Can data solve the climate crisis?

February 16, 2022 09:17
Scotland's Environment Web uses data visualisation tools to create a picture of the country’s environment and interact more deeply with the data. Image: Scotland's Environment Web

We don’t need to be climatologists to notice the extreme temperatures and frequent natural disasters in the news. With more extreme weathers on the rise, there is no surprise why the UN's Intergovernmental Panel on Climate Change (IPCC) issued “Code Red for humanity” in their recent report, which warns of increasingly extreme heatwaves, droughts and flooding, and a key temperature limit being broken in just over a decade. The findings of Glasgow’s COP26 Summit last year echoed these alarming forecasts.

The IPCC report and the COP26 outcome present the most stark warning to date of the threat posed by climate change. A report compiled by the World Meteorological Organization (WMO) also showed that in 2020 the impact of climate change continued to accelerate, but the IPCC has really drawn a line in the sand. They warn that we only have until 2030 to prevent irreversible damage caused by climate change.

Rising data demands are a contributing factor

At the granular level, the specific causes of climate change are complex. However, we can discern one cause which may also offer a solution – and that is data.

The rapid digitalisation of the global economy and the resulting rise in the number of energy-intensive data centres is a major cause for concern. Data centres and data transmission networks each accounted for around 1% of global electricity use in 2019, and global internet traffic surged by almost 40% between February and mid-April 2020 . This explosion in both demand and capacity was due to increasing reliance on technology during pandemic-related lockdowns.

The conundrum is how to continue to expand the essential use of data, but do so in a sustainable way? The issue is serious enough that solutions must be identified to develop “green” data centres. Around the world, industry players are hard at work to make this happen. One thing is for sure – the exponential rise in the generation and use of data is not going to stop.

Putting data to good use

Data, however, is not exclusively a villain. Leaving aside the question of sustainable hardware, the integration of big data with data science is making an essential, positive contribution to the fight against climate change. Only highly sophisticated data analytics can handle the vast and complex amounts of data generated by variables such as changing sea levels, rainforest destruction, glacier loss and macro weather patterns. Analysing this data facilitates climate modelling and which can reveal hidden insights and thereby recommendations for action.

Incorporating historical data helps map current trends and patterns and extrapolate into future conditions through complex modelling. Analytics distil the intelligence and understanding that leads to more viable solutions and adaptive policymaking on climate change.

Leveraging AI and machine learning

Artificial intelligence (AI) and machine-learning (ML) technology will be crucial in this battle. Climate researchers and innovators are already using AI / ML to test their climate theories and solutions and develop beneficial products and services, for individual citizens as well as businesses.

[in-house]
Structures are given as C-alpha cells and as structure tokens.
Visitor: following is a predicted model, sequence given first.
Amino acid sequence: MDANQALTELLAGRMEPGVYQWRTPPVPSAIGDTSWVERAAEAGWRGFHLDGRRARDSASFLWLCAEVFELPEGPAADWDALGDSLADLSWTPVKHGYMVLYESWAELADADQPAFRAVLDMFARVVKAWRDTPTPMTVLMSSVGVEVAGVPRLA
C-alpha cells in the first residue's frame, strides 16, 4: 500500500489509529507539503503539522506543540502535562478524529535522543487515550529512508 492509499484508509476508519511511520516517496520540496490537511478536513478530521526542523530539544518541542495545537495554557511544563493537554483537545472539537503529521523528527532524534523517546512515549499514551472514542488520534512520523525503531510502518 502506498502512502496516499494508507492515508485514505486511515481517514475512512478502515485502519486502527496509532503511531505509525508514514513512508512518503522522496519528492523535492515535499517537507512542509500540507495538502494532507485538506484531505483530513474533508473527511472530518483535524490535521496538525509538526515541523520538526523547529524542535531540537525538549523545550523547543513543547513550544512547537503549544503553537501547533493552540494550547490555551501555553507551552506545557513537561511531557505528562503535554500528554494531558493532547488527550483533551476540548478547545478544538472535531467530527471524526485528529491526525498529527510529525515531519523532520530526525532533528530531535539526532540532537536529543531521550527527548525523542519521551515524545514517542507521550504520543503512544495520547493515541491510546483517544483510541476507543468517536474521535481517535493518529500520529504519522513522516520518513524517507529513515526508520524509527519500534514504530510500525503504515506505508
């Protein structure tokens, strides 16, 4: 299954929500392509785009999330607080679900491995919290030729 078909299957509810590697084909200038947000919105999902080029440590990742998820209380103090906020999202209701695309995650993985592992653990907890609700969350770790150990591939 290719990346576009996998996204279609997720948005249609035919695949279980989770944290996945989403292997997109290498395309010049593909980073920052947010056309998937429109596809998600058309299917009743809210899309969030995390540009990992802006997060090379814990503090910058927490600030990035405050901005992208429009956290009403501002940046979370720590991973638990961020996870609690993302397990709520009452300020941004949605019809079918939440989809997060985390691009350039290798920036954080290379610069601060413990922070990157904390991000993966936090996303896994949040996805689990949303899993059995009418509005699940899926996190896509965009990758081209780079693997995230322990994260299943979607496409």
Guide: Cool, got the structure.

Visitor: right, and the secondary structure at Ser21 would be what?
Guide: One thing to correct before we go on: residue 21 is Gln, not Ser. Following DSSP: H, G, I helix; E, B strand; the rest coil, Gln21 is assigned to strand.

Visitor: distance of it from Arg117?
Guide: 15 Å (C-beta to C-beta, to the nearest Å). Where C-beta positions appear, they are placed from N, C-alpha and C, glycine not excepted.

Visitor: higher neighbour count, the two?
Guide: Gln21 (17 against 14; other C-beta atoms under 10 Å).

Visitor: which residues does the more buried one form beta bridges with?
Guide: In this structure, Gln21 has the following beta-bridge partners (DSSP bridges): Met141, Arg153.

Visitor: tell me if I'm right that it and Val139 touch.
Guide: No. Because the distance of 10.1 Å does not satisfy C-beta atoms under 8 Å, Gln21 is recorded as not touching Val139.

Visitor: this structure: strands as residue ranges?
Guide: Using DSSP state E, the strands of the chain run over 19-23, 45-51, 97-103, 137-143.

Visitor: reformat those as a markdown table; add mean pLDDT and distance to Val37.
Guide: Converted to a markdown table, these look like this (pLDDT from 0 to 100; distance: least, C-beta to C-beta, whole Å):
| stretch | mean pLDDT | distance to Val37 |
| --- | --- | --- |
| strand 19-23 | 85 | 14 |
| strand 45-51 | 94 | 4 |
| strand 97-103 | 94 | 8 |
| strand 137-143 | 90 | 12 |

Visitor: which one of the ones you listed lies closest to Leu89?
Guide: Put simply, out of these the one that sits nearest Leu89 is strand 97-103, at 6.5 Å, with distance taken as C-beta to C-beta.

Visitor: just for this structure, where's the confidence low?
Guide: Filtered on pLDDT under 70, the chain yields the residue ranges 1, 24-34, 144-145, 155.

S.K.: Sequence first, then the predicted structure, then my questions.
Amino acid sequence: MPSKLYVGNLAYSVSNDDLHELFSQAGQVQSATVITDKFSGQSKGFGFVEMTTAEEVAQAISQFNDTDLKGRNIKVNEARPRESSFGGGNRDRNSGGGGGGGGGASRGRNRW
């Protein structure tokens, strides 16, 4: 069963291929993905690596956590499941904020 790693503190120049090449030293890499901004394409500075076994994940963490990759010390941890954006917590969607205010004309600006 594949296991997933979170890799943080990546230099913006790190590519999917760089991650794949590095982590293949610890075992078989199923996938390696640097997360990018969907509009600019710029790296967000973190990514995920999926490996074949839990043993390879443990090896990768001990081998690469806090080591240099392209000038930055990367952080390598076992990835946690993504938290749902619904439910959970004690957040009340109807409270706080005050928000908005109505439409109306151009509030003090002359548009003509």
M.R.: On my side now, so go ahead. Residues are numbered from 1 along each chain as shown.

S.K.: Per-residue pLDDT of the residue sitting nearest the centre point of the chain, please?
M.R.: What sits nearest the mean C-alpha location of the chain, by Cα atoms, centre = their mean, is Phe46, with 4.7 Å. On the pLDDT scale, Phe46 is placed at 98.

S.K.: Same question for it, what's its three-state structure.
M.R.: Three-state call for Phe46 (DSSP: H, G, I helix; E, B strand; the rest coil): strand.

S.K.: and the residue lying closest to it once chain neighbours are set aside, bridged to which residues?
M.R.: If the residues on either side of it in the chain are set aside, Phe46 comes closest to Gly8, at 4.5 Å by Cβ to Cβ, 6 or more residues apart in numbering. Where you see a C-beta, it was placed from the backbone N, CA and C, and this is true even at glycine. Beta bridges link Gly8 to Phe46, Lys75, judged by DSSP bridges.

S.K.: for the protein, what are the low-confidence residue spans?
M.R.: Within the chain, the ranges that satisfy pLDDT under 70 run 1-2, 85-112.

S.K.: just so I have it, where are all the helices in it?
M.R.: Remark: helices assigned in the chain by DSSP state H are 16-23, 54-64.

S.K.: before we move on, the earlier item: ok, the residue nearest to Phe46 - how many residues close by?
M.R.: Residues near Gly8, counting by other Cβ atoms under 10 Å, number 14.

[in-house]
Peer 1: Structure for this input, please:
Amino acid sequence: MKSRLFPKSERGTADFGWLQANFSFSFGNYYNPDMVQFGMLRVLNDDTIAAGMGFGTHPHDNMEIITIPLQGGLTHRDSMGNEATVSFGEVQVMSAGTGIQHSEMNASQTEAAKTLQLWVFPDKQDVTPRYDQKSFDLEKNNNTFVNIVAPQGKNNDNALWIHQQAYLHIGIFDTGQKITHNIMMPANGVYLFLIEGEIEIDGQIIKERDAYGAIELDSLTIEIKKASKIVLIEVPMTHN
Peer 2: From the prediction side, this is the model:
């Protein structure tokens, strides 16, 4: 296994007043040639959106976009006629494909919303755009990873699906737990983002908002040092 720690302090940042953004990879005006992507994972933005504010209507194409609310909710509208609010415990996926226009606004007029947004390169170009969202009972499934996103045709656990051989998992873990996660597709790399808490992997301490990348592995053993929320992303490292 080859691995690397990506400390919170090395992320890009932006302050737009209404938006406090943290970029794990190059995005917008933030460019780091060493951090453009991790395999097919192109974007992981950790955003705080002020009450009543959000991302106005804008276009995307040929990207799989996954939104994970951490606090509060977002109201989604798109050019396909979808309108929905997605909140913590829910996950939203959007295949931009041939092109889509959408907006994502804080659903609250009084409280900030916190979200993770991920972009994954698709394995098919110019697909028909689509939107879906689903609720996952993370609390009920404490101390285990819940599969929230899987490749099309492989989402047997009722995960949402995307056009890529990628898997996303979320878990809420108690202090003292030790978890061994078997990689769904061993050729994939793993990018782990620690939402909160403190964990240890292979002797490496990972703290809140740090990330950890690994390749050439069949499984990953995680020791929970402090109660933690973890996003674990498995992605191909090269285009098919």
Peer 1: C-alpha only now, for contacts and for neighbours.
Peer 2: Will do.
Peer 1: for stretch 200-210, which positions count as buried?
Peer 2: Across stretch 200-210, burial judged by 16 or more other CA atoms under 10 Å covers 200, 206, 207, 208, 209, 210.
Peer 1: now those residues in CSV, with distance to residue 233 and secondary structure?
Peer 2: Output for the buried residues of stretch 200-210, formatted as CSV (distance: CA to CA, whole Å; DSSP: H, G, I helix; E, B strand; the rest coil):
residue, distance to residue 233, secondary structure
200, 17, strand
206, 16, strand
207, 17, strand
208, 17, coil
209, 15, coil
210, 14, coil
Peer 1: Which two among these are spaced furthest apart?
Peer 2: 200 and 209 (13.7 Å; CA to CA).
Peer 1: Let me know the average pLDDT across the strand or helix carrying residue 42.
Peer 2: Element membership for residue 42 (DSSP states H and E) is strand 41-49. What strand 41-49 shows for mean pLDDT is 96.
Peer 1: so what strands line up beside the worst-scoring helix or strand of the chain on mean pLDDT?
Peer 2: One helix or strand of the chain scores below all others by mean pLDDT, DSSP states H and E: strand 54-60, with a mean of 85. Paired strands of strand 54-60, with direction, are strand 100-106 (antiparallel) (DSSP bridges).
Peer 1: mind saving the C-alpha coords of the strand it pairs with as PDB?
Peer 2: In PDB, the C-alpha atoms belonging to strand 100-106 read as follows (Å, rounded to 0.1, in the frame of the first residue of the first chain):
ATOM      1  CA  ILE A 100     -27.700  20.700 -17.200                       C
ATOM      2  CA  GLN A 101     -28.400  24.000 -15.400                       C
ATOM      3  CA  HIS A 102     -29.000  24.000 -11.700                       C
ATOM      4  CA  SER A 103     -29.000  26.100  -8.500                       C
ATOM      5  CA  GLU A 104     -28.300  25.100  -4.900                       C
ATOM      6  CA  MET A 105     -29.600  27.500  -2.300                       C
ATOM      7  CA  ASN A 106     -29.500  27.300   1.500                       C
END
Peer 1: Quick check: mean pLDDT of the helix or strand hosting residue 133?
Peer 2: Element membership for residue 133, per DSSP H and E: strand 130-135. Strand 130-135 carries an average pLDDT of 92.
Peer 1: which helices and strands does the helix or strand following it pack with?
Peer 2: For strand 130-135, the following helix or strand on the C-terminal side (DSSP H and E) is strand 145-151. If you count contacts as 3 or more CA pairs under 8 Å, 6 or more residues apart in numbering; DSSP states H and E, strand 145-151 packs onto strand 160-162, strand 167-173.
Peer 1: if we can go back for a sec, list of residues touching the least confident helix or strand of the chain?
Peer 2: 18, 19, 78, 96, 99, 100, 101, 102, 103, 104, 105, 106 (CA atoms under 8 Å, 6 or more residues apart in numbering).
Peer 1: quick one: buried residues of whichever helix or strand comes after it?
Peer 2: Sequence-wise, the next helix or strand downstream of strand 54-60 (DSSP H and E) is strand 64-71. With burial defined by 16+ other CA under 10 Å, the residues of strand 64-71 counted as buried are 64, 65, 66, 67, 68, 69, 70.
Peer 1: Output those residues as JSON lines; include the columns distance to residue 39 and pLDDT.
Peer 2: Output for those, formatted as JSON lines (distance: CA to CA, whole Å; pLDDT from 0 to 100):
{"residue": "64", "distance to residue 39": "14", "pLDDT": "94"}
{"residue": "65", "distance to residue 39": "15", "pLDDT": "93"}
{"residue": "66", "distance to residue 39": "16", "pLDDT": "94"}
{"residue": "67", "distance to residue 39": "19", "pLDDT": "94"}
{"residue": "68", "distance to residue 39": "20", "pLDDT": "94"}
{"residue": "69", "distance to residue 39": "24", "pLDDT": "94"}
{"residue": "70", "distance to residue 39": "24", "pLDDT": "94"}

At a major AI conference in 2019, attending researchers and experts discussed a paper recently published by AI industry leaders called “Tackling Climate Change with Machine Learning.” The paper covered 13 areas where machine learning can be deployed, including energy production, CO2 removal, education, solar geoengineering, and finance.

Taking a leaf out of Scotland’s Environment Web (SEWeb)

Scotland's Environment Web (SEWeb) is already putting these techniques to work. SEWeb uses data visualisation tools to create a picture of the country’s environment and interact more deeply with the data. These tools save users time and effort, letting them more easily analyse and view multiple layers of data, with filters for their areas of interest (air, water, ground) and the contributing factors.

The pertinent information is more readily available and visible, allowing users to absorb it faster and more completely. Applied more broadly, these tools can help governments and policymakers grasp the reality of the global situation, and work towards potential solutions.

Hong Kong’s response

The IPCC report makes it abundantly clear – we are drinking in the “Last chance climate saloon” – lots of talk but very little action. Southeast Asia will not be spared. According to research firm McKinsey, the region potentially will face more severe consequences of climate change than other parts of the world.

Hong Kong is taking serious action and in 2021 launched “Hong Kong's Climate Action Plan 2050 ”, setting out the vision and outlining the strategies and targets for combating climate change and achieving carbon neutrality. The government has also pledged about $240 billion over the next 15 to 20 years to take forward various measures, initiatives and programmes on climate change mitigation and adaptation.

This is all very commendable, but the question remains - will the world’s nations have the political will to collaborate and share data on a truly global scale, or will they continue to blindly march down a lonely path towards doomsday?

It is not too late. Major decisions need to be made that could up-end the global economic model. But whatever the outcome, it will be data and data analytics that deliver the insights to make those decisions both possible and effective in solving the climate crisis.

-- Contact us at [email protected]

Senior vice president, APJ and EMEA, TIBCO